Against the norm of a west wind, it has been from the east at a steady thirty knots. Therefore, to get to the trade winds we have had to be hard on the wind for the last three days under reduced sail and speed. It has taken its toll.

New York to South Africa (6 of 46)

The boat is like an amusement ride we can’t get off; bouncing, tossing and turning in all directions as the waves and wind play. The bananas and tomatoes, which hung in nets in the galley, have been unceremoniously tossed overboard. Their corpses battered to a pulp by the relentless pounding leaving their bloodstain against the wall.

The crew has faced little better. Everybody, except me, has been sick. The constant jarring movement makes it difficult to do anything. It takes great effort to do the simplest of tasks as you use all your muscles to keep yourself from flying across the inside of the boat – not always with success. As a result, there has not been much activity. Each person will grab a small bite when hungry but spends most of their time sleeping and reading (or in Doug S case sending email after email on the ham radio). It is quiet below except for the sound of the water against the hull and the wind in the sails. I too sleep and read. I do some video and photography but it has been too rough to download the images to my computer.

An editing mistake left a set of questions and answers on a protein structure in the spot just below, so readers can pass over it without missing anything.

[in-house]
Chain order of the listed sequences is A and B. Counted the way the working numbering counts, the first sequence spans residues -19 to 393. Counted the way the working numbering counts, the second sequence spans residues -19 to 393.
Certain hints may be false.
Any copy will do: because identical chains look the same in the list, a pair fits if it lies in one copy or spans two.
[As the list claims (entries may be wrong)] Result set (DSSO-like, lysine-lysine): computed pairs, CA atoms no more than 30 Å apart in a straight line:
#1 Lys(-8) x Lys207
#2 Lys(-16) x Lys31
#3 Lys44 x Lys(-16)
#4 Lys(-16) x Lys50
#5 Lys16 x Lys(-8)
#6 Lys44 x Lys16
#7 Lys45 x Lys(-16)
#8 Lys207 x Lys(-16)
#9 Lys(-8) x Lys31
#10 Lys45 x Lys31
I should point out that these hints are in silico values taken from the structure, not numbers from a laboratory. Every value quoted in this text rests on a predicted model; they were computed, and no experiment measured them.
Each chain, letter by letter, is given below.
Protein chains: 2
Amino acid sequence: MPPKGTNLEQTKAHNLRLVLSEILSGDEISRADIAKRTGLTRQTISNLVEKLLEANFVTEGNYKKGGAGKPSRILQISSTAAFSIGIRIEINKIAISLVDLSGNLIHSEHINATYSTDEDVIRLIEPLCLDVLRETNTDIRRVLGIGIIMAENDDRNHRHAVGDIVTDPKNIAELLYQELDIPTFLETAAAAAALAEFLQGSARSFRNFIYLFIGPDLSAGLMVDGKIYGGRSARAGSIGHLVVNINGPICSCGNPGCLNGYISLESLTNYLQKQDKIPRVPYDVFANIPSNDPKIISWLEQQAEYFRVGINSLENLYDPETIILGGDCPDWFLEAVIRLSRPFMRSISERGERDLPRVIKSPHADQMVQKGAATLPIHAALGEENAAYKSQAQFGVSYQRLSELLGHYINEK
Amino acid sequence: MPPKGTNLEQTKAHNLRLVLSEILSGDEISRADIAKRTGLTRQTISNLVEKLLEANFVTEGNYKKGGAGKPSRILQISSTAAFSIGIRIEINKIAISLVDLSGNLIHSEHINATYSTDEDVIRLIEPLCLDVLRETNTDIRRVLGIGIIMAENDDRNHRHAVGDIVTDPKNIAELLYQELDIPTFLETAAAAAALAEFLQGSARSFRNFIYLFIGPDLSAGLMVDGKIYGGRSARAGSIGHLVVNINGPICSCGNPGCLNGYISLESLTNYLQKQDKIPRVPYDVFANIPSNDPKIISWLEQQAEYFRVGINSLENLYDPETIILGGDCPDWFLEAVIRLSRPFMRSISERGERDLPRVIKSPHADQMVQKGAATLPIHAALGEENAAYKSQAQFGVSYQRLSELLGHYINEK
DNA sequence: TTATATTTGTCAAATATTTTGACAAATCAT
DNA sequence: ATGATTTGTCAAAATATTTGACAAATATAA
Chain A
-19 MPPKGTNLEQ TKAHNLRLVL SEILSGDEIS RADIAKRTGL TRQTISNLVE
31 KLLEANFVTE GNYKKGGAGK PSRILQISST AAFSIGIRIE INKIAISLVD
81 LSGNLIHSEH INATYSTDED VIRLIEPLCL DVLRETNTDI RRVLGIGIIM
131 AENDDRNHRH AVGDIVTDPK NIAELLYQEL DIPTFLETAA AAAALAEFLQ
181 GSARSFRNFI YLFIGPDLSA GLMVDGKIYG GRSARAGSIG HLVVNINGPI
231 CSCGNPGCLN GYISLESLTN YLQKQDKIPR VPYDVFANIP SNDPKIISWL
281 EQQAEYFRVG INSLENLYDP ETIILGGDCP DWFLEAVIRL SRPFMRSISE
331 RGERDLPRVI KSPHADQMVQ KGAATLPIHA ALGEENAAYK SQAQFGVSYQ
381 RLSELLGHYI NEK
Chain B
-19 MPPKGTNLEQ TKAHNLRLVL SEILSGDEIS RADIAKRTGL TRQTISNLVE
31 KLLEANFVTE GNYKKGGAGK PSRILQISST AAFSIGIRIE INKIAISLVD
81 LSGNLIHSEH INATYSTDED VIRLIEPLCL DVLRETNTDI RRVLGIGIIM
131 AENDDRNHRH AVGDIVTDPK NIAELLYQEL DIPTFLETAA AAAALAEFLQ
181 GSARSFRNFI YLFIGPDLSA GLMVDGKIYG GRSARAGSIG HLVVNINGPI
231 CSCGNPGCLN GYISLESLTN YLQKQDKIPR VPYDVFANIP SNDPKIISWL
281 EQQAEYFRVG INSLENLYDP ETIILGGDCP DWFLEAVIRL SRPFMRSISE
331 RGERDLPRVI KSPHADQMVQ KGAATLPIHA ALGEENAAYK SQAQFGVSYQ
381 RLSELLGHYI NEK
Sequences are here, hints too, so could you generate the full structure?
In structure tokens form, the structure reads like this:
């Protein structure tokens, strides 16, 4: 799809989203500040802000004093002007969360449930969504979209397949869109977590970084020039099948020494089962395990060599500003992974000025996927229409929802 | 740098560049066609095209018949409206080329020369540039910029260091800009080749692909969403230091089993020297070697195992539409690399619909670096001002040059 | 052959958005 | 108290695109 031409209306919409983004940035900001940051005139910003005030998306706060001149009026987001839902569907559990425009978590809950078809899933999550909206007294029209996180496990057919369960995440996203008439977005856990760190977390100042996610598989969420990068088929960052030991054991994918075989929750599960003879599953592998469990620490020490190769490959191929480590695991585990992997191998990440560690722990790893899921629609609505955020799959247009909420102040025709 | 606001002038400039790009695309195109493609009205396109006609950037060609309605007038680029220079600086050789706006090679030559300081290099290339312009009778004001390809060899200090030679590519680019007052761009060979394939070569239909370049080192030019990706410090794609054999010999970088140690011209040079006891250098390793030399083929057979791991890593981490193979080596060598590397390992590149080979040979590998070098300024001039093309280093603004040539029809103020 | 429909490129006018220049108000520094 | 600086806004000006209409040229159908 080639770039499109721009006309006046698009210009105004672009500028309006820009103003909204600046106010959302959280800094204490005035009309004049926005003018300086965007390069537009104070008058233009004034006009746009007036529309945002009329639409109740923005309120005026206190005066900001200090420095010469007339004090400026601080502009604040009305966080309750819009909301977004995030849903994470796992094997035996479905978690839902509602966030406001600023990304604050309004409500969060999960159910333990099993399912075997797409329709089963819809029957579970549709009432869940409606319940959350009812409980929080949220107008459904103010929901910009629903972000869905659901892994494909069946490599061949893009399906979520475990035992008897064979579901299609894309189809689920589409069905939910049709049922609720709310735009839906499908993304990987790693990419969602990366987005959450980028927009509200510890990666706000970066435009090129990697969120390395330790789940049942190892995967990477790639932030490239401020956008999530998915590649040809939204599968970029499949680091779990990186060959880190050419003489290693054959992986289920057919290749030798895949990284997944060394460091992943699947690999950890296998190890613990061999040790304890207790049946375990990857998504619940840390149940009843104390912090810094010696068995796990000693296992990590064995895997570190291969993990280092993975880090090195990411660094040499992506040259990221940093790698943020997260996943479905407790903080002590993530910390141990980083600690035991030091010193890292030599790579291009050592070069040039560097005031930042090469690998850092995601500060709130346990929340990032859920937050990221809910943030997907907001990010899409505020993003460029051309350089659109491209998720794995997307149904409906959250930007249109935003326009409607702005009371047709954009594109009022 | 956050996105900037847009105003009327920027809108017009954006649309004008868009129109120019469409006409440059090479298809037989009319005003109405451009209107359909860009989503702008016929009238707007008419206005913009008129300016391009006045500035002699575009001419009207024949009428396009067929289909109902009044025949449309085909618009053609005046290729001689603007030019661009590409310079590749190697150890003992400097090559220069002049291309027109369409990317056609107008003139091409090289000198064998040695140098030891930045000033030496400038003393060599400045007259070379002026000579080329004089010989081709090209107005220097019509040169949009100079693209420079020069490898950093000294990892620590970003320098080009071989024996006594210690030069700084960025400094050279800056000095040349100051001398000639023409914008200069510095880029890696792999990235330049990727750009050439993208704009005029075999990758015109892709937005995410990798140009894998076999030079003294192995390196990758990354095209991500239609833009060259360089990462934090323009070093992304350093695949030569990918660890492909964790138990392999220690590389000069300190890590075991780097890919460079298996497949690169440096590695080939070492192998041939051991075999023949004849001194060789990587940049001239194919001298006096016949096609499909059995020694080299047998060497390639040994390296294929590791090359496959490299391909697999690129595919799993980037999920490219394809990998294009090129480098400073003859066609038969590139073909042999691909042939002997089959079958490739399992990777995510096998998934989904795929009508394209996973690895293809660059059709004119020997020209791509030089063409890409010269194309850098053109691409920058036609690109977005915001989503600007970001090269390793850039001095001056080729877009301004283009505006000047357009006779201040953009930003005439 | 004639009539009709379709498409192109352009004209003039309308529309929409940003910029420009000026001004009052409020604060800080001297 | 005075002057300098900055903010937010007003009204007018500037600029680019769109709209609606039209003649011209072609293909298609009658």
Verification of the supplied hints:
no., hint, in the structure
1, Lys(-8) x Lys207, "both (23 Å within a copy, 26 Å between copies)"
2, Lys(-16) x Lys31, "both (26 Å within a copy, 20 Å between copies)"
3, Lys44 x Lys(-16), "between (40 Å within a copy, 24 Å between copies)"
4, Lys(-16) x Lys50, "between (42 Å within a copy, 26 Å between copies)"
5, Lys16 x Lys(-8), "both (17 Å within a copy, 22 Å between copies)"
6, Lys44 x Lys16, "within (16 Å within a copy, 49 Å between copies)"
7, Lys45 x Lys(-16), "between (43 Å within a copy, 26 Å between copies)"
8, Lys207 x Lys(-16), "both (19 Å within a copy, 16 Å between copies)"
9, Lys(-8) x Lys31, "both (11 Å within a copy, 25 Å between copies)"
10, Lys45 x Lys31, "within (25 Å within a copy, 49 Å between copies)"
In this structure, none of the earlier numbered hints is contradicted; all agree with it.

Fine salt covers everything on deck. It comes from the constant spray of water as the boat punches through the waves. That everything includes the crew. Every time I lick around my lips, I can taste the salt stuck in my unshaven face.

New York to South Africa (7 of 46)

Yes, it is tedious right now. People are not jovial and all are wishing for a change in wind direction that we know will come; but there are moments, when on watch, that the wonder of the sea grabs you. The power of the wind and waves, the expanse of the ocean, and the small flying fish, like silver bullets breaking the surface of the water streaking through the air to disappear a few moments later into a wave.


After having left in a rush due to a favorable weather window, we have done just over 140 nautical miles in the last 22 hours and our current position as of 1:19 pm standard Eastern Time is 40.15.405 N by 70.57.794 W.

New York to South Africa (1 of 46)